Last week I did something really embarrassing. I unwittingly became a spammer. Oh gods of marketing, social media, and E-mail forgive me. I knew not what that click would do. I should have dug deeper. I should have checked references. I should have …
But I didn’t, and with one innocent click, I indirectly sent a mass of automated emails with the subject line, “Are you taking on new clients?” Ewww.
This is the story of what happened, where I think the company in question went wildly wrong (resulting in a giant FAIL), and the super important moral to this B2B fable.
The road to hell is paved with good intentions.
It all began when a LinkedIn colleague (acquaintance, really) sent me an invite to a site called Referral Key which has been touted by respectable publications like The Boston Business Journal as a “new, fast growing networking website” that helps “small businesses build powerful referral networks online.” The site was polished and professional and I had five minutes to kill, so I thought “what the hell” and created an account. Who wouldn’t like a few more referrals?
Shortly after joining, I received the following automated email with the subject line, “Christopher Ott has sent you a Private Brief…” The link in the email took me to a message page on Referral Key which included a link to a 59-second video entitled “Turn your LinkedIn contacts into referral resources in 20 seconds.” It looked easy – import your contacts with a few clicks. What the video failed to disclose is that when you import your colleagues, Referral Key blasts an automated E-mail message to each of your LinkedIn contacts.
I know Referral Key sent these emails because I began to get responses from my contacts. Some of them thought it was a personal message and replied to let me know they were actually too busy to accept referrals. Some emailed to ask if the message was spam. Some simply joined (for which they were rewarded with another auto-gen E-mail which (oh, the shame!) asked them to visit my profile and rate my services). Most troubling of all were the people who didn’t respond at all. I can only hope that the auto-gen email died a quick and deserving death in their spam folders. Unfortunately, I’m sure there are some folks (people who don’t know me personally, but who were kind enough to connect with me on LinkedIn) who received the message and thought, “What a jerk.”
I would like to apologize to each and every one of my LinkedIn contacts. I am not a jerk. I’m just a person who made the mistake of assuming that I would get fair warning before a bunch of emails were sent in my name.
I am not the first to write about this. Chris Reimer of Rizzo Tees and Leslie Hughes of Punch Media have both blogged about similar experiences. In both cases, Chris Ott, Director of Social Media and Technology at Referral Key, responded to their posts either in the comments or via E-mail. While I appreciate the fact that Mr. Ott jumped into the fray, I have to say that I found his responses wanting. They gave me the impression that Referral Key felt these people – both seemingly intelligent and web savvy folks – just didn’t use the tools correctly, that their situation was a case of user error.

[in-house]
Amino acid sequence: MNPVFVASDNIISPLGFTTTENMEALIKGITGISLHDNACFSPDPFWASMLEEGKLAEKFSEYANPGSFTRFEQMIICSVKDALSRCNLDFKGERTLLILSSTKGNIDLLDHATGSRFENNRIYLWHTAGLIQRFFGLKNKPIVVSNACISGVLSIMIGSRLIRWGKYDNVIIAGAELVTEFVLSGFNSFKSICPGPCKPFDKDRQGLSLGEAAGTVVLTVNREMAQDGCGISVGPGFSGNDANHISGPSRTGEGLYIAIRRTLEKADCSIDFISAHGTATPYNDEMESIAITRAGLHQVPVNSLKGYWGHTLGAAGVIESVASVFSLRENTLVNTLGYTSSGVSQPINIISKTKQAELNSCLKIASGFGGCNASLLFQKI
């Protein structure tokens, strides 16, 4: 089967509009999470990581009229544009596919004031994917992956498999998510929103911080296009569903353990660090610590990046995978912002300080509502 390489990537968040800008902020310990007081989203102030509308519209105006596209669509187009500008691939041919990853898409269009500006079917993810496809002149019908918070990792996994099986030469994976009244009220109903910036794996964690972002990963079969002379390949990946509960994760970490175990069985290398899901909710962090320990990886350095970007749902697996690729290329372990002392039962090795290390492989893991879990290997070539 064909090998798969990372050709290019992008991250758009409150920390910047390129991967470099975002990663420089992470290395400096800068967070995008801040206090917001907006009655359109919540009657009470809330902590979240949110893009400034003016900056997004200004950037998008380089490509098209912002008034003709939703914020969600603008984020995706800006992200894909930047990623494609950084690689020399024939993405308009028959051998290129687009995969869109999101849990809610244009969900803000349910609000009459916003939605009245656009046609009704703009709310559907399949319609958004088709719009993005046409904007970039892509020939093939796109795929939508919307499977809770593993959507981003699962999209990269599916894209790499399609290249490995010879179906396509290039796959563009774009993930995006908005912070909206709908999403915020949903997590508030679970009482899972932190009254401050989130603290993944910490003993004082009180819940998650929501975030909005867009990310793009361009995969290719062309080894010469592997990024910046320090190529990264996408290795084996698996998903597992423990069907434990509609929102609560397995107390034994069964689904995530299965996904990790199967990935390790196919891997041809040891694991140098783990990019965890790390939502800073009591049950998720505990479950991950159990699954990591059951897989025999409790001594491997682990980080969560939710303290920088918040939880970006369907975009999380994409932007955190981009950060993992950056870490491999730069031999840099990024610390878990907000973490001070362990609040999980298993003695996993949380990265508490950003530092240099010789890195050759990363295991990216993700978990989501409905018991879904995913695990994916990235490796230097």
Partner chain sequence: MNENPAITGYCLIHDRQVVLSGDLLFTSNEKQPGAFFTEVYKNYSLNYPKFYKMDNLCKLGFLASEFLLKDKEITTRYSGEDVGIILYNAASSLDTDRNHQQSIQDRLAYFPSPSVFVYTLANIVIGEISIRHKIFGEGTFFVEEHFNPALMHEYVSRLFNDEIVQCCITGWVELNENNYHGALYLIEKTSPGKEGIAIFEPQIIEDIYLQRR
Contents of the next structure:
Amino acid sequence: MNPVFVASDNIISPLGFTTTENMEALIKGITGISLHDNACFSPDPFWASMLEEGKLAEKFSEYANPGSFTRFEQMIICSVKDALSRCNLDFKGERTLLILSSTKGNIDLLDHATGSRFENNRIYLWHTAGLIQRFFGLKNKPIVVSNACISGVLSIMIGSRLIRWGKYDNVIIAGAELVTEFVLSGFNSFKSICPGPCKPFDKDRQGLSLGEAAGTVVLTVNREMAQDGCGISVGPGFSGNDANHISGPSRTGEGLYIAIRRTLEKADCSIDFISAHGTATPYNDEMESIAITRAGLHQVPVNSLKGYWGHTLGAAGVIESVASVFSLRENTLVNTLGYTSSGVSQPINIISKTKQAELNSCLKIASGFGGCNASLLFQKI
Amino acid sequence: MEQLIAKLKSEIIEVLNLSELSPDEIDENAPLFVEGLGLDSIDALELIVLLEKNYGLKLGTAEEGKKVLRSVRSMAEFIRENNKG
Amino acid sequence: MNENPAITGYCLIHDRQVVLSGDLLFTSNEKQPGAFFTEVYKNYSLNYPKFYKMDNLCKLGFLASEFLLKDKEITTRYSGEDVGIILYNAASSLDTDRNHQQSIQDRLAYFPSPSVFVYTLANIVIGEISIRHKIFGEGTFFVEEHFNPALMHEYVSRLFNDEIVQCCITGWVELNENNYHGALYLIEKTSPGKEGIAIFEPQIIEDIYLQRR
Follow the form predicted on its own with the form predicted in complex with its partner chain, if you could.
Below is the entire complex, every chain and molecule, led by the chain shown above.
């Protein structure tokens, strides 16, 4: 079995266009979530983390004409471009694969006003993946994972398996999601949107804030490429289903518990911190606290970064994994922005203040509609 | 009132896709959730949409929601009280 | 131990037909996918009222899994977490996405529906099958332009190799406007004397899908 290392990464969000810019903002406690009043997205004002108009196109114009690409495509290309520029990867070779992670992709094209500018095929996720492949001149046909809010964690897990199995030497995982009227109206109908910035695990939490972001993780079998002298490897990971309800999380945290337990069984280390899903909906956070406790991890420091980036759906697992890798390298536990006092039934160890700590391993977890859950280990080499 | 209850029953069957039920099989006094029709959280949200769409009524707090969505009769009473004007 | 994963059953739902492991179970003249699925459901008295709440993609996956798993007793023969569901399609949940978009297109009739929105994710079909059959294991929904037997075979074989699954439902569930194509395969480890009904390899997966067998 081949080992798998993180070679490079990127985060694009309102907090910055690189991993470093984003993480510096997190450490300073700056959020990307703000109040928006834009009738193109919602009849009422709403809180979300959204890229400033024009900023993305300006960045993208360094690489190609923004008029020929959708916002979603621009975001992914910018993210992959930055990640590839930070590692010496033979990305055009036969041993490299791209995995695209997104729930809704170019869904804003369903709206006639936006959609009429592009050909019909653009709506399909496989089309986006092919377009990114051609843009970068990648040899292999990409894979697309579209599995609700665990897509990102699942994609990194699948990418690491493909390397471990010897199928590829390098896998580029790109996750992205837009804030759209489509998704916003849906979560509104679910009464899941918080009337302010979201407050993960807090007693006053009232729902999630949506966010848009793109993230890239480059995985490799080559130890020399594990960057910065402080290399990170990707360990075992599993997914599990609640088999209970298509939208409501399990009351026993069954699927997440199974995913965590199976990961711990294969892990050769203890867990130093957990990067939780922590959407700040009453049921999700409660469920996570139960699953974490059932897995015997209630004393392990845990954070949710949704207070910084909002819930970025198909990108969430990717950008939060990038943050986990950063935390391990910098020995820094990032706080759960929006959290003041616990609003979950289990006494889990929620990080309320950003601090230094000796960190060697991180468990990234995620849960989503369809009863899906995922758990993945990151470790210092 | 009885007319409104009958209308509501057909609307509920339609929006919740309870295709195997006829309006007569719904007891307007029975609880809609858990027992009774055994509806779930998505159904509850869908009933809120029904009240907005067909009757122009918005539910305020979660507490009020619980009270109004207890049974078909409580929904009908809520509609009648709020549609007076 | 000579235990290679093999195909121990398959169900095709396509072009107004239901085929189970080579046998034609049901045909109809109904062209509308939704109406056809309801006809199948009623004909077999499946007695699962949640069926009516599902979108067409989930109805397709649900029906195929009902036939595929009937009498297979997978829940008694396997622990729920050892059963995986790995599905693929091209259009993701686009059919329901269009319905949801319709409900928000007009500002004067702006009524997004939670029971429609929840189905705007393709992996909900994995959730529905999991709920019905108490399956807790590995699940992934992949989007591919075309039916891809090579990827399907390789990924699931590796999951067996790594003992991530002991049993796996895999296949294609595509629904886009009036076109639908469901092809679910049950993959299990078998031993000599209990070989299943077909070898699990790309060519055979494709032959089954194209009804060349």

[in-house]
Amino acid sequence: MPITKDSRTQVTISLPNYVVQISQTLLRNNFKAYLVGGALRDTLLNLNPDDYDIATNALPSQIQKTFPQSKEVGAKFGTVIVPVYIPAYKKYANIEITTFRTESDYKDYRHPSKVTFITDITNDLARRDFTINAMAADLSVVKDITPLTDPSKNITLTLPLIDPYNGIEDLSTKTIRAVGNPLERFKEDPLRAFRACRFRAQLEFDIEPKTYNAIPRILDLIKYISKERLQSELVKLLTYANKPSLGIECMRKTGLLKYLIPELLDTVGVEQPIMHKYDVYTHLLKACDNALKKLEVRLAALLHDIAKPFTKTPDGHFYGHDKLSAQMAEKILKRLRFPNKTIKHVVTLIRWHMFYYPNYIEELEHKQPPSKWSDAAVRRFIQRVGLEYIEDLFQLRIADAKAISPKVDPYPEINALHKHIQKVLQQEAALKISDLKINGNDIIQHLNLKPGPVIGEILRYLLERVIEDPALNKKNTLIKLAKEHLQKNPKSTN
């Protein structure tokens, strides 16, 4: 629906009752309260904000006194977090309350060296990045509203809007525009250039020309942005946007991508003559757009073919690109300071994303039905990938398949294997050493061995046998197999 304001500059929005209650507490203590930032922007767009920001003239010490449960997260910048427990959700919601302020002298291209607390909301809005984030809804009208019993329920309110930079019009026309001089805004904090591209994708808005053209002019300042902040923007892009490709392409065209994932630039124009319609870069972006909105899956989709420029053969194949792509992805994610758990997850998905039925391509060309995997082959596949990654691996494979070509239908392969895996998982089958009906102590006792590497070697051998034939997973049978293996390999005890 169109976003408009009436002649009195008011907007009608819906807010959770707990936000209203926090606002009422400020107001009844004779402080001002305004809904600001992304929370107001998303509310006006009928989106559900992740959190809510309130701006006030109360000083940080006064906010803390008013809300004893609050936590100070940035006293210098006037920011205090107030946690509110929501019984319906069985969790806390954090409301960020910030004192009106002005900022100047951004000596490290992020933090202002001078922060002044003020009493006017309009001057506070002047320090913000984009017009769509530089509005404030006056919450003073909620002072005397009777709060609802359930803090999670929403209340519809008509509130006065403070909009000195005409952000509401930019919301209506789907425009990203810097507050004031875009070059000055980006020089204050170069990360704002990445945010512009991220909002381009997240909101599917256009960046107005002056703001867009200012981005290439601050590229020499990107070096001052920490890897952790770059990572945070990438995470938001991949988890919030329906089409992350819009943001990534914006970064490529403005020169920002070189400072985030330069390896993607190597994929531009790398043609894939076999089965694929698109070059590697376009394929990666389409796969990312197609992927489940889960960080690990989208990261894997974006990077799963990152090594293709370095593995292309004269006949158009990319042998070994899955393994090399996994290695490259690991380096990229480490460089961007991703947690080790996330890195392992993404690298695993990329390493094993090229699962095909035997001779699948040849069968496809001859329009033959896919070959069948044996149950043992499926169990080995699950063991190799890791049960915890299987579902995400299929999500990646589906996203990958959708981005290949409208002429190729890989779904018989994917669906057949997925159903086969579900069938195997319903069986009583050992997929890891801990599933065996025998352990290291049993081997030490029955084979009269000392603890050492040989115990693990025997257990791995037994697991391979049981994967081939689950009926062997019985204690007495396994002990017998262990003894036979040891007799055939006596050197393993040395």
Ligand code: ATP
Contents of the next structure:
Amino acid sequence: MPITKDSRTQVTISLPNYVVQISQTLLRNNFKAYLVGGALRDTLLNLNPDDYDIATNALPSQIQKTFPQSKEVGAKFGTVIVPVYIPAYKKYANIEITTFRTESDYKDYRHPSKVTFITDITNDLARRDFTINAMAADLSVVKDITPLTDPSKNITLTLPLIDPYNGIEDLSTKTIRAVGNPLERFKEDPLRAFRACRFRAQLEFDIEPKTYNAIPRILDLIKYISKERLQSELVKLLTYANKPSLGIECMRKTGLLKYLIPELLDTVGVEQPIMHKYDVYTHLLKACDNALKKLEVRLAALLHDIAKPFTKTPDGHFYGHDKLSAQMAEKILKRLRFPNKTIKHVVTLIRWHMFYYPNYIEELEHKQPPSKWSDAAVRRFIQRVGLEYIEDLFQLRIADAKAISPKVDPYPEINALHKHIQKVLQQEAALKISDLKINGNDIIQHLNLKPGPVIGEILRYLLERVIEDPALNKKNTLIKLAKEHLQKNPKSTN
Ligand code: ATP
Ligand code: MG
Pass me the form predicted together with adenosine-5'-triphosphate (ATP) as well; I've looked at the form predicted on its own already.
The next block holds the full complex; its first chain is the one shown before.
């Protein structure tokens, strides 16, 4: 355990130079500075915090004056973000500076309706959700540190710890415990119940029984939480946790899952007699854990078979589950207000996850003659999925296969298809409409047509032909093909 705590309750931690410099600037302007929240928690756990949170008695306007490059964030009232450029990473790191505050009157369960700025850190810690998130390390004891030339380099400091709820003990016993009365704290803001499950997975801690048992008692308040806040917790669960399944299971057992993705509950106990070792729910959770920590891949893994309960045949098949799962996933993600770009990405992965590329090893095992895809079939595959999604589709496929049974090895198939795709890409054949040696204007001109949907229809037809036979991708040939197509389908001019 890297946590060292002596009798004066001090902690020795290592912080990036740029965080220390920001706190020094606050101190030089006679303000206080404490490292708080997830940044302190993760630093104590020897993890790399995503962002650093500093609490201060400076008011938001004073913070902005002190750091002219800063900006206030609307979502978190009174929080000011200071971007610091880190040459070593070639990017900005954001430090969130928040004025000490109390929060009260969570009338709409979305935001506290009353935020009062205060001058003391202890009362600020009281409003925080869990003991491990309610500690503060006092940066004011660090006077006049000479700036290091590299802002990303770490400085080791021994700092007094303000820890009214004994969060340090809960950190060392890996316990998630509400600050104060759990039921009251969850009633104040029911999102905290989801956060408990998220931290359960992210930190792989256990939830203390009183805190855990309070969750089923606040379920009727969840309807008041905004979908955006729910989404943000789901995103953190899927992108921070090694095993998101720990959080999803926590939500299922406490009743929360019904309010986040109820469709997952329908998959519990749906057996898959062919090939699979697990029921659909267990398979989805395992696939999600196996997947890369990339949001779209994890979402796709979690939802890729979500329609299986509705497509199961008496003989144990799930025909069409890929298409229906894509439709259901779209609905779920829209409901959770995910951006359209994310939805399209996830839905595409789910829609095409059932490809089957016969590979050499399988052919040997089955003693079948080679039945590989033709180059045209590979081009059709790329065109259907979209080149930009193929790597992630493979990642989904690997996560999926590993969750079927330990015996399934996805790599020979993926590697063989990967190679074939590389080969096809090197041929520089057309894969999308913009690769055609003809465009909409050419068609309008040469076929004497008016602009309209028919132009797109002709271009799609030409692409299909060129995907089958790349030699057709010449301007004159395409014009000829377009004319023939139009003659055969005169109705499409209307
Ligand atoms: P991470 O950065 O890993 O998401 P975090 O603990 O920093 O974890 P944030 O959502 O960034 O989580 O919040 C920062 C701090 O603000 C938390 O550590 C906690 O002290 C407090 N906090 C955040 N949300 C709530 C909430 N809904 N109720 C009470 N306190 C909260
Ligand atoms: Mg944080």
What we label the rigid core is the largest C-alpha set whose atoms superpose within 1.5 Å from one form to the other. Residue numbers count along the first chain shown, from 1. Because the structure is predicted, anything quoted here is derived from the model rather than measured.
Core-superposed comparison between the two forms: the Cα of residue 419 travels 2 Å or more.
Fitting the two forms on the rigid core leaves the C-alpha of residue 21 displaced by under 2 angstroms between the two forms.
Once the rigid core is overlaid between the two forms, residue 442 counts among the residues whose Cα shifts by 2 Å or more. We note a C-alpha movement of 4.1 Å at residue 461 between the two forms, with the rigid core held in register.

In the same way that the customer is always right, so is the user. If you have multiple users running into the same issue – guess what? – there’s a problem with your user experience.
I don’t doubt that Referral Key’s importation function has, as Mr. Ott pointed out in his responses, the same customization and opt-out features as “any other site.” The problem is that the actual experience leaves me feeling like that’s a half-truth. Those features may exist, but they were not a prominent part of the process I went through. The process I went through did not, as far as I saw, even alert me to the fact that an E-mail would be sent, never mind give me the option to change the text or choose which contacts to send to. Having read several other posts on this topic, it sounds like the link to these options may be located at the very bottom of the page, which – if you have a robust list of LinkedIn contacts – can require a lot of scrolling to reach.
The bottom line
With all the high-profile privacy issues surrounding sites like Facebook, I’m shocked that any company would play it so loose with their users’ most valuable asset – their network. The fact that the requisite functions and small type are all there does not make up for the fact that they exist in stealth mode. In his response to Leslie Hughes, Mr. Ott stated, “We do not get any benefit from you emailing 10 thousand people if you don’t know them. We’d rather you get 5 trusted colleagues if that’s what you prefer.” Because of the way Referral Key handled the import process, I’m having trouble buying that. They do, in fact, get a benefit from you emailing 10 thousand people – the potential for more folks like me clicking the invite link and joining their network.
The moral of the story? Contaminate the integrity of your user experience and people will doubt your motives.
No one likes to feel like they’ve been tricked.
Don’t just cover the bases with the requisite legal copy and opt-out buttons. Be honest. Be straightforward. Be above board every step of the way. Eliminate hidden agendas. Avoid gray areas. Be obvious to a fault.
In the long run, this kind of transparency will help you build credibility, gain trust, and inspire loyalty.
If Mr. Ott and Referral Key actually believe that five trusted colleagues are more valuable than ten thousand people they don’t know, I think they would agree with me.
About the Author: Jamie is a freelance strategist, teacher, and copywriter who partners with solo entrepreneurs to define and market their brands. Her specialties include brand development, social media strategy, and content marketing. Enjoy more of her posts, visit her site at Suddenly Marketing, or drop her an email.
More posts by Jamie.